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‘Ash vs. Evil Dead’ Cast Break Down The Disgusting Process of Being Soaked in Fake Blood, Brains and Goo

Actors Ray Santiago and Dana DeLorenzo reveal just what it takes to clean up after being doused in literal gallons of "splatter matter."

Ash vs Evil Dead Season 2 2016

© 2016 Starz Entertainment, LLC

Life on the set of “Ash vs. Evil Dead,” after three seasons, means that blood, guts, and other sorts of grossness have become routine. “It’s pretty normal for us to be in the cafeteria eating lunch and see people walk around in full Deadite makeup,” star Ray Santiago recently told IndieWire at SCAD aTVfest. (Deadites, of course, are the zombie-like creatures battled by Bruce Campbell’s iconic Ash and friends in the Starz series.)

But an even bigger part of daily life is the “splatter matter” that Santiago and his fellow cast members Dana DeLorenzo are regularly covered in the course of shooting the horror-comedy based on the “Evil Dead” films.

DeLorenzo wasn’t sure if it was she or executive producer Sam Raimi who first coined the term, but “splatter mattter” serves as a useful catch-all to describe the goop. “It’s not just blood — it’s brains, it’s viscera, it’s colons, it’s vomit. It’s all the things,” she said.

And as IndieWire learned, it’s a major part of cast life when the show’s in production, and not exactly for the reason you think.

“You’ve got to peel your clothes off,” Lindsay Farris, who joined the cast as a fellow fighter of the undead in Season 3, said. “We’re slightly embalmed, because there’s so much goo.”

“You’re ripping layers of skin off when you take your clothes off. People think that it’s just gooey, but it’s not the blood going on that’s the problem. It’s getting it off,” DeLorenzo added. “Because in five minutes it suddenly turns into that scene from ‘The 40-Year-Old Virgin,’ where you’re turning your head and suddenly you’re Steve Carell shouting ‘AHHHH KELLY CLARKSON.’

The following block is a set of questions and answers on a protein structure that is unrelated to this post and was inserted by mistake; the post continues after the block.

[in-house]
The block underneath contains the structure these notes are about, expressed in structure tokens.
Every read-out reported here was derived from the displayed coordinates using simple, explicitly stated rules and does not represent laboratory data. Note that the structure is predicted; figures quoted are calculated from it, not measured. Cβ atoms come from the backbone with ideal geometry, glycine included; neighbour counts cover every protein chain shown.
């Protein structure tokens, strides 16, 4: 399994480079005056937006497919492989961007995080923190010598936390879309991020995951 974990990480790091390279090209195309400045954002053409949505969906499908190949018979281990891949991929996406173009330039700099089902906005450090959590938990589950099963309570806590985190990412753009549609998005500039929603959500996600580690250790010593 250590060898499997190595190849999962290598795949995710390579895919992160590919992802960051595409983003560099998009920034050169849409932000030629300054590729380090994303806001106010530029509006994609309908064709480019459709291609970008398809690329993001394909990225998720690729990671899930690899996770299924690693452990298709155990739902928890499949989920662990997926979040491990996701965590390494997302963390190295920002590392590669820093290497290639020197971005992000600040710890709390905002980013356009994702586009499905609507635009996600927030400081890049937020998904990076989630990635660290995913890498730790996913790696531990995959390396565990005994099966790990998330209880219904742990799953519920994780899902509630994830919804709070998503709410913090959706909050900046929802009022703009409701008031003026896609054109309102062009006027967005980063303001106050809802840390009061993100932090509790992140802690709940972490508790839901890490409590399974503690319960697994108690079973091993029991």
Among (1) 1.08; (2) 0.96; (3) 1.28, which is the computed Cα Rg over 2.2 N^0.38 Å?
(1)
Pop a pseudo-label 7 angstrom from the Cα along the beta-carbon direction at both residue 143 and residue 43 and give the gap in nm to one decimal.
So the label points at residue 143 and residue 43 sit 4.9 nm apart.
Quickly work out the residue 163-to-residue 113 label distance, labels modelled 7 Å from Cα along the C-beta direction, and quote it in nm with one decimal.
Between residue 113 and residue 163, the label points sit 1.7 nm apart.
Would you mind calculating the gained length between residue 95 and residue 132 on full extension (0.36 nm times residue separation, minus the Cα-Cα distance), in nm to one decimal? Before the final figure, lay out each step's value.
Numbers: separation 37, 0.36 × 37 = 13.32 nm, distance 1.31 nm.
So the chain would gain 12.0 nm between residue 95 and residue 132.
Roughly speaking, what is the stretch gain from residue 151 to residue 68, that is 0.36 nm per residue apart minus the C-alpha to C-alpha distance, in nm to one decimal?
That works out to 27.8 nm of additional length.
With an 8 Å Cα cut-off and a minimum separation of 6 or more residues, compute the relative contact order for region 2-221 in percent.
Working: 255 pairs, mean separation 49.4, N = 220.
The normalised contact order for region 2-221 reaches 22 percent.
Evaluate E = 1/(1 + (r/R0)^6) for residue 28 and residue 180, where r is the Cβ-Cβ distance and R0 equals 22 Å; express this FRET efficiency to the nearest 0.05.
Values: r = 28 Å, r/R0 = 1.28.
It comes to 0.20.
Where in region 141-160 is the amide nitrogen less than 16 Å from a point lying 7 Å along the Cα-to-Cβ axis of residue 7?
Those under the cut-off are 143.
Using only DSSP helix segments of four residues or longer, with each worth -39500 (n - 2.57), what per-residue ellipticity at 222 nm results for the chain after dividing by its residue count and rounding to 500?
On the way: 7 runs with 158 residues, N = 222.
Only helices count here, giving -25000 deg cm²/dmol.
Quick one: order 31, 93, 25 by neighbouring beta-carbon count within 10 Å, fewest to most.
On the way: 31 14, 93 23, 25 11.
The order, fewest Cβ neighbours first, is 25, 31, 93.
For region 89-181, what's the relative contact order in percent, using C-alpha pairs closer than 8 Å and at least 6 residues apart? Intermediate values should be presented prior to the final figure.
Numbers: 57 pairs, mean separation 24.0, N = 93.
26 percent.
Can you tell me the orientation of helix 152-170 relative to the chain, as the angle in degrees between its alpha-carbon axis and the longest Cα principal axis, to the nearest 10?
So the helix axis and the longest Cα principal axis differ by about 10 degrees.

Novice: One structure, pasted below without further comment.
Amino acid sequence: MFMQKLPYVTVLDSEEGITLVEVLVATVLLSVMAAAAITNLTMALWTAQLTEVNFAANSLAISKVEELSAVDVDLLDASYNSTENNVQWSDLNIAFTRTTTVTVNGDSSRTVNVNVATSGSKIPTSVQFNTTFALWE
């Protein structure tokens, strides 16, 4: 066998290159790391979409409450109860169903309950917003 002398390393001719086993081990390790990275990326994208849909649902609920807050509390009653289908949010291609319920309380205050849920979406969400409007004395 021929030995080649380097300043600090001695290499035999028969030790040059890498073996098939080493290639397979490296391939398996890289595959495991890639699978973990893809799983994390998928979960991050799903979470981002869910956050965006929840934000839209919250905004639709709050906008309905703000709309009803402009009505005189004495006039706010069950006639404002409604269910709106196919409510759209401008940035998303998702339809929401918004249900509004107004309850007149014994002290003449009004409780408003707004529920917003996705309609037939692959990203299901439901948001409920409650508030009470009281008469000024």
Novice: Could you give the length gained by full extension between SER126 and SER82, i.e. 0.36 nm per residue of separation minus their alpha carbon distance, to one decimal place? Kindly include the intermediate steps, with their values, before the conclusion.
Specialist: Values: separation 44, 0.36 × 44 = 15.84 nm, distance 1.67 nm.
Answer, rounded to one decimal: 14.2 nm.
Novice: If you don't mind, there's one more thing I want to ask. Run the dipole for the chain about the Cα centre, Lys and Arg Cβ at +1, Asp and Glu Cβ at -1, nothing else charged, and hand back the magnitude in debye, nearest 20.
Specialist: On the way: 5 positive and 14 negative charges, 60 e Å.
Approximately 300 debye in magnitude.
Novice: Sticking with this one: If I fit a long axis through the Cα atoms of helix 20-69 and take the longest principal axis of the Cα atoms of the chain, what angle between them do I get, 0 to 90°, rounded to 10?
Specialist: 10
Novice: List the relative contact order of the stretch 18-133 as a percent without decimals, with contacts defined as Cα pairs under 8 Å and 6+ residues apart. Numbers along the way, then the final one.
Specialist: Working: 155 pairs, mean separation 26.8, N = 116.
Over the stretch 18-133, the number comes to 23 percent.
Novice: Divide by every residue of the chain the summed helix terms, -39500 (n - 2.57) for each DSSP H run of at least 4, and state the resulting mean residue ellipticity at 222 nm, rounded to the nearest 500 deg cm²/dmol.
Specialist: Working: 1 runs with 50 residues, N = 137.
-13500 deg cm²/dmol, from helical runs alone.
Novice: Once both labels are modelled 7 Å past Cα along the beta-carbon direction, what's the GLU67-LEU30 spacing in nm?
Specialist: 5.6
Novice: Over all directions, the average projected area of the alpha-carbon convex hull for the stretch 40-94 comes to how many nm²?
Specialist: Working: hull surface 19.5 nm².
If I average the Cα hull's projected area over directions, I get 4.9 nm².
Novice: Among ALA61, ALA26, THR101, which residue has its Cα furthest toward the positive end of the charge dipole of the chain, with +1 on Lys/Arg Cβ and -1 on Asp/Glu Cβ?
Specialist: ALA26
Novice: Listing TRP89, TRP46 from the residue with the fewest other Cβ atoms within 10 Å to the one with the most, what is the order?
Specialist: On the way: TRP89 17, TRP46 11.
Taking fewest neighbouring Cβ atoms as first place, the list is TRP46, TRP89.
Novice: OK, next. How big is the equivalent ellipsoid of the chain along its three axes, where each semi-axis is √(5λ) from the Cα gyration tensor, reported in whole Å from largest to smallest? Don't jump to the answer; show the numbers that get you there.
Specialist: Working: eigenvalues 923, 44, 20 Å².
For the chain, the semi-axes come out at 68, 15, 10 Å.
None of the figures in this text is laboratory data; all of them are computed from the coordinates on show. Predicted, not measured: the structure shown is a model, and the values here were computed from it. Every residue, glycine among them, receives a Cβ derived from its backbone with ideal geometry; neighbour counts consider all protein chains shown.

DeLorenzo turned to Farris and asked, “This is your first year doing this. Do you find that you were asking to be covered in more, just to stay wet?”

“That’s true,” he said, “particularly around lunchtime, when you can’t tell the difference between what you’re eating and where your arm begins. When things are falling out of your hair into your food, you’re like ‘actually, I’ll just have a salad today.'”

The procedure for cleaning up after a full dousing can vary, given the type of blood or “splatter matter” in play. For Arielle Carver-O’Neill, another new cast member for Season 3, she found that the easiest to deal with was “the cannon blood, the one where they have the big hose and they shoot you with it really hard. That one, I found just a normal shower with soap tends to work because it’s very watery. But most other ones depend on how long it’s been on your skin.”

Ash vs Evil Dead Season 3 2017

When it comes time for a more thorough clean-up, here’s the secret solution, known to many actors and make-up departments: shaving cream.

At one point, Campbell had explained the science behind why this was the case to DeLorenzo — according to him, “in order to get the hair up, it lifts the goo,” she said.

That said, shaving cream isn’t a magic wand, especially depending on how soaked you get. “If it’s just your face, it’s one thing, but if you’re covered, it is a solid hour to an hour-and-a-half shower,” she said.

And that’s with “probably a full can of Barbisol or a generic [brand of shaving cream],” DeLorenzo contined. “The foam is the best — whatever is the biggest one you can get.”

The carnage continues at that point. “The shower after you wash it off is honestly just as, if not more, horrifying. I don’t know how it gets on the ceilings,” DeLorenzo said.

Plus, she said, “you will, without a doubt, miss a spot — particularly, I’ve found, inside your ear canal or behind your ear. So the fun part is a week later after that scene, when you haven’t been bloody for maybe a week if you’re lucky, you’re eating dinner with the cast and you order a medium rare steak and the waitress looks at you because you have blood coming behind your ear.”

As uncomfortable as it might be, the cast seem to be having a great time. Said DeLorenzo, “I love that we can still maintain what the fans love — the over-the-top gore, the over-the-top comedy — and add some stakes to that. We’re really grounding the show and taking these characters that we’ve come to learn about and love and watch them evolve.”

All that, and under gallons of “splatter matter.” It’s truly a feat.

“Ash vs. Evil Dead” Season 3 airs Sundays at 9 p.m. on Starz.

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